The policy consultation will focus on how we build on the progress made since A Co-operative Agenda 2016 and the recommendations of the Co-operative & Mutuals Commission; how we develop and adapt the Party’s UK policy to Wales; and Owning the Future - how we create a better, more co-operative Welsh economy post-Covid-19.
Members are invited to share their views and ideas through our consultation, running until 30th September.
There are a number of ways to get involved – you could join your local branch zoom meeting to discuss the topics and share your collective views, take part in (or convene) an on-line meeting on a specific policy area (e.g. food, the environment) or on a sector basis (e.g. for young members, rural members etc.). Or you can just send your individual answers to us.
Your contributions will be collected and considered by the Wales Council before the final document is launched in the new year.
We're happy to report that despite the Coronavirus outbreak, this year's Policy Process is continuing according to schedule.
All the resources you need to hold a policy meeting online can be found here. We've prepared a guide to using the technology you'll need to organise remotely.
The Co-operative Party was established in 1917 as the political voice of the co-operative movement in the UK. It is part of a global Co-operative Movement that includes over one billion people around the world. We work with Labour Party to influence its policies towards more co-operative solutions through our 11 Members of the Senedd, 26 Labour and Co-operative MPs, 15 Peers, 7 MSPs, 11 MSs and hundreds of local councillors.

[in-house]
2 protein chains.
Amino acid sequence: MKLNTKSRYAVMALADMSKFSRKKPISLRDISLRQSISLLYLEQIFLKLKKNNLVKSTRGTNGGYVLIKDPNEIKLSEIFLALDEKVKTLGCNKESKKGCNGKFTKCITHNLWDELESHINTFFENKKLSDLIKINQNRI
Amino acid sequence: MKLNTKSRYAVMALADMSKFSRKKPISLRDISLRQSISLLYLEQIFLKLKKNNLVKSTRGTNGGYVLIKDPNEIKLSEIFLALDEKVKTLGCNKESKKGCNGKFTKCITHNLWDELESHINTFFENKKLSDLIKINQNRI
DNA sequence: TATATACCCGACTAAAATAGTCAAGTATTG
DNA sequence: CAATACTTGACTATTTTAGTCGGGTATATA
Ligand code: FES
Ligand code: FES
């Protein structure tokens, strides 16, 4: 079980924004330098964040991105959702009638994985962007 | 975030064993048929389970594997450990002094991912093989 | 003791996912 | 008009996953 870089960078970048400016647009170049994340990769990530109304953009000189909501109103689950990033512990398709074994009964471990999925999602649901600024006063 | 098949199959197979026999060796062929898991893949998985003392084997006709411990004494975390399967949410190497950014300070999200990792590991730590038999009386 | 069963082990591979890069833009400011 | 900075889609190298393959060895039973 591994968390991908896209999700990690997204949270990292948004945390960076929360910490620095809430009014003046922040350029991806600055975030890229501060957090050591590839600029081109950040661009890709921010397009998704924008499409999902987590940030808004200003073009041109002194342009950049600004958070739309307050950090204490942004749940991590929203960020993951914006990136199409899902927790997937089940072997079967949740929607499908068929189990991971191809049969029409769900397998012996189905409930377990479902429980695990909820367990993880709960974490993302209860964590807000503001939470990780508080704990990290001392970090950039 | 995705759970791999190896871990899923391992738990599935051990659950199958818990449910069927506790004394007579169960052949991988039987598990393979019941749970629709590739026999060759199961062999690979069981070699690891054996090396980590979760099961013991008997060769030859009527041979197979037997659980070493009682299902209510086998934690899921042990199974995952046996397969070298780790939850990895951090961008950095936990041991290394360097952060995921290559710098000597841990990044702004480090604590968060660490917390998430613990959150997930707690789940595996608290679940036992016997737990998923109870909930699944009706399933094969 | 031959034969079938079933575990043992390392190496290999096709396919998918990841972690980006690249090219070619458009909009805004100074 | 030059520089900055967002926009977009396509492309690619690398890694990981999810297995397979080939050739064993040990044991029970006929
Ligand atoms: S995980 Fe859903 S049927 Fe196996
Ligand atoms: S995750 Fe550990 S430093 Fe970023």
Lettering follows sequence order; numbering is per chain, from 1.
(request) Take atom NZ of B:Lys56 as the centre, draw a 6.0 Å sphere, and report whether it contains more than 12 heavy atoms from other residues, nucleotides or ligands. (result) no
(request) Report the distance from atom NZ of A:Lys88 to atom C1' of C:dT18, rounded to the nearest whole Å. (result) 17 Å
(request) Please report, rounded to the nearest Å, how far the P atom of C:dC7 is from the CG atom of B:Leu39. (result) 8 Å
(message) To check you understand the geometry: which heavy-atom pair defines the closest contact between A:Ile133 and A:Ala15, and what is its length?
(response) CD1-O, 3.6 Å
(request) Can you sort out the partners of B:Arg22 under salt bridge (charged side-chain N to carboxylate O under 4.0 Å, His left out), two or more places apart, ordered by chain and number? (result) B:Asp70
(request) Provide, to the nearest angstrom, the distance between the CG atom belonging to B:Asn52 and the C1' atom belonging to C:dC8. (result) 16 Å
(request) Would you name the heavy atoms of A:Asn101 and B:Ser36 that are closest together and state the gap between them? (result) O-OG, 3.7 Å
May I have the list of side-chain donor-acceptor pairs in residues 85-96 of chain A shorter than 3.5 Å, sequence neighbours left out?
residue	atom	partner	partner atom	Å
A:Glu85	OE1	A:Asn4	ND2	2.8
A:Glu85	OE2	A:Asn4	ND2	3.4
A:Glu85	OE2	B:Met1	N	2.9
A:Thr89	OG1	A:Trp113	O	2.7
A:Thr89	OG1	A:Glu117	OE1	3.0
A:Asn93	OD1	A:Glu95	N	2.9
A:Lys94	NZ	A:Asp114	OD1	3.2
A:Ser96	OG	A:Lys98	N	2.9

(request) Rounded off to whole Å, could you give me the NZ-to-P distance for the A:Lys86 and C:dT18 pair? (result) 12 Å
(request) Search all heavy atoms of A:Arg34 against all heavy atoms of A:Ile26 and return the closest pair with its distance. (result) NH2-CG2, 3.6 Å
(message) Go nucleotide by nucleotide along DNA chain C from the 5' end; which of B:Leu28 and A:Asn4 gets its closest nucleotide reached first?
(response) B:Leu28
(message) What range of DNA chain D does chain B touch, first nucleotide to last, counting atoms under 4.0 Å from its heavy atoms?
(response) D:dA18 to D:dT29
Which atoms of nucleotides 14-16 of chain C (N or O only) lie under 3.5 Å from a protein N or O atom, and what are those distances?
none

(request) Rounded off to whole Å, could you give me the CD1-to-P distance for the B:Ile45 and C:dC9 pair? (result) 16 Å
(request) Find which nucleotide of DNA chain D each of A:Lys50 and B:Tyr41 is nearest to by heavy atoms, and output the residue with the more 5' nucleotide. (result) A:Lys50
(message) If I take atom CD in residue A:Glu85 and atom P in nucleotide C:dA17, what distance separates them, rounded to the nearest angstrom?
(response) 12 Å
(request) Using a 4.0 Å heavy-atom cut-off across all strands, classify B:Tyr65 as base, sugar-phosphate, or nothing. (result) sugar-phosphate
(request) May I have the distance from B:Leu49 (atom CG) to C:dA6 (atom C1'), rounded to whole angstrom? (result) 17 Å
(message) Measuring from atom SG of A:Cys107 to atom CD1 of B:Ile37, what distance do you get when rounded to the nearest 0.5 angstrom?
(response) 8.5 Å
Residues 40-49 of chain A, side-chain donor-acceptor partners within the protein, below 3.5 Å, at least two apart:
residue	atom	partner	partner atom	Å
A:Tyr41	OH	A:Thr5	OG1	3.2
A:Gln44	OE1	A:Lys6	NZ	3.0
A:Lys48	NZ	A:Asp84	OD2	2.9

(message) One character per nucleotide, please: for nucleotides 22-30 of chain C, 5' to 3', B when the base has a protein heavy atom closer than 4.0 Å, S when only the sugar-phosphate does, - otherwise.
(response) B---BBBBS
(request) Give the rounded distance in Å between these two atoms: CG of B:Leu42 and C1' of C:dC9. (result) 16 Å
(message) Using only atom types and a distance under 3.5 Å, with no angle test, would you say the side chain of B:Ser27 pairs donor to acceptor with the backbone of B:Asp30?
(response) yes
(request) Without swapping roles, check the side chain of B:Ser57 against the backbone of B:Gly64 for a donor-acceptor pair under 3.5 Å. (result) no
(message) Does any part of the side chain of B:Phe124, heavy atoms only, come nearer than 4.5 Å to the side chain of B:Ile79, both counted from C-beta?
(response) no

A co-operative is an organisation that is owned and controlled by its members. Workers’ co-ops are owned and controlled by the workers while consumer co-operatives are owned and controlled by the consumers; housing co-operatives are owned and controlled by the tenants; agricultural co-operatives are owned and controlled by the farmer members; credit unions are owned and controlled by the depositors. The United Nations has estimated that the livelihood of nearly 3 billion people, or half of the world's population, is made secure by co-operative enterprise. These enterprises play significant social as well as economic roles in their communities.
The size and scope of the co-operative movement in Wales is significant and often underestimated. It provides financial services ranging in size from the Principality Building Society to local credit unions; and retail shops, from the Co-operative Group to local community co-ops. Co-operative businesses run funeral services, travel agents, social housing, home care, childcare, residential care and all forms of new and traditional employee owned businesses. They all have one thing in common – they provide jobs and create wealth in many Welsh communities, and they are controlled by the people they serve or those who work in them.
For this year's policy process we're asking for feedback on A Co-operative Plan for Wales - please read the summary and use the form below to make your submission.
Since the last Senedd elections, the world, and Wales, has changed almost beyond recognition. As it becomes evident that there are some aspects of life that may never return to ‘normal’; we also know that there are some that we wouldn’t want to.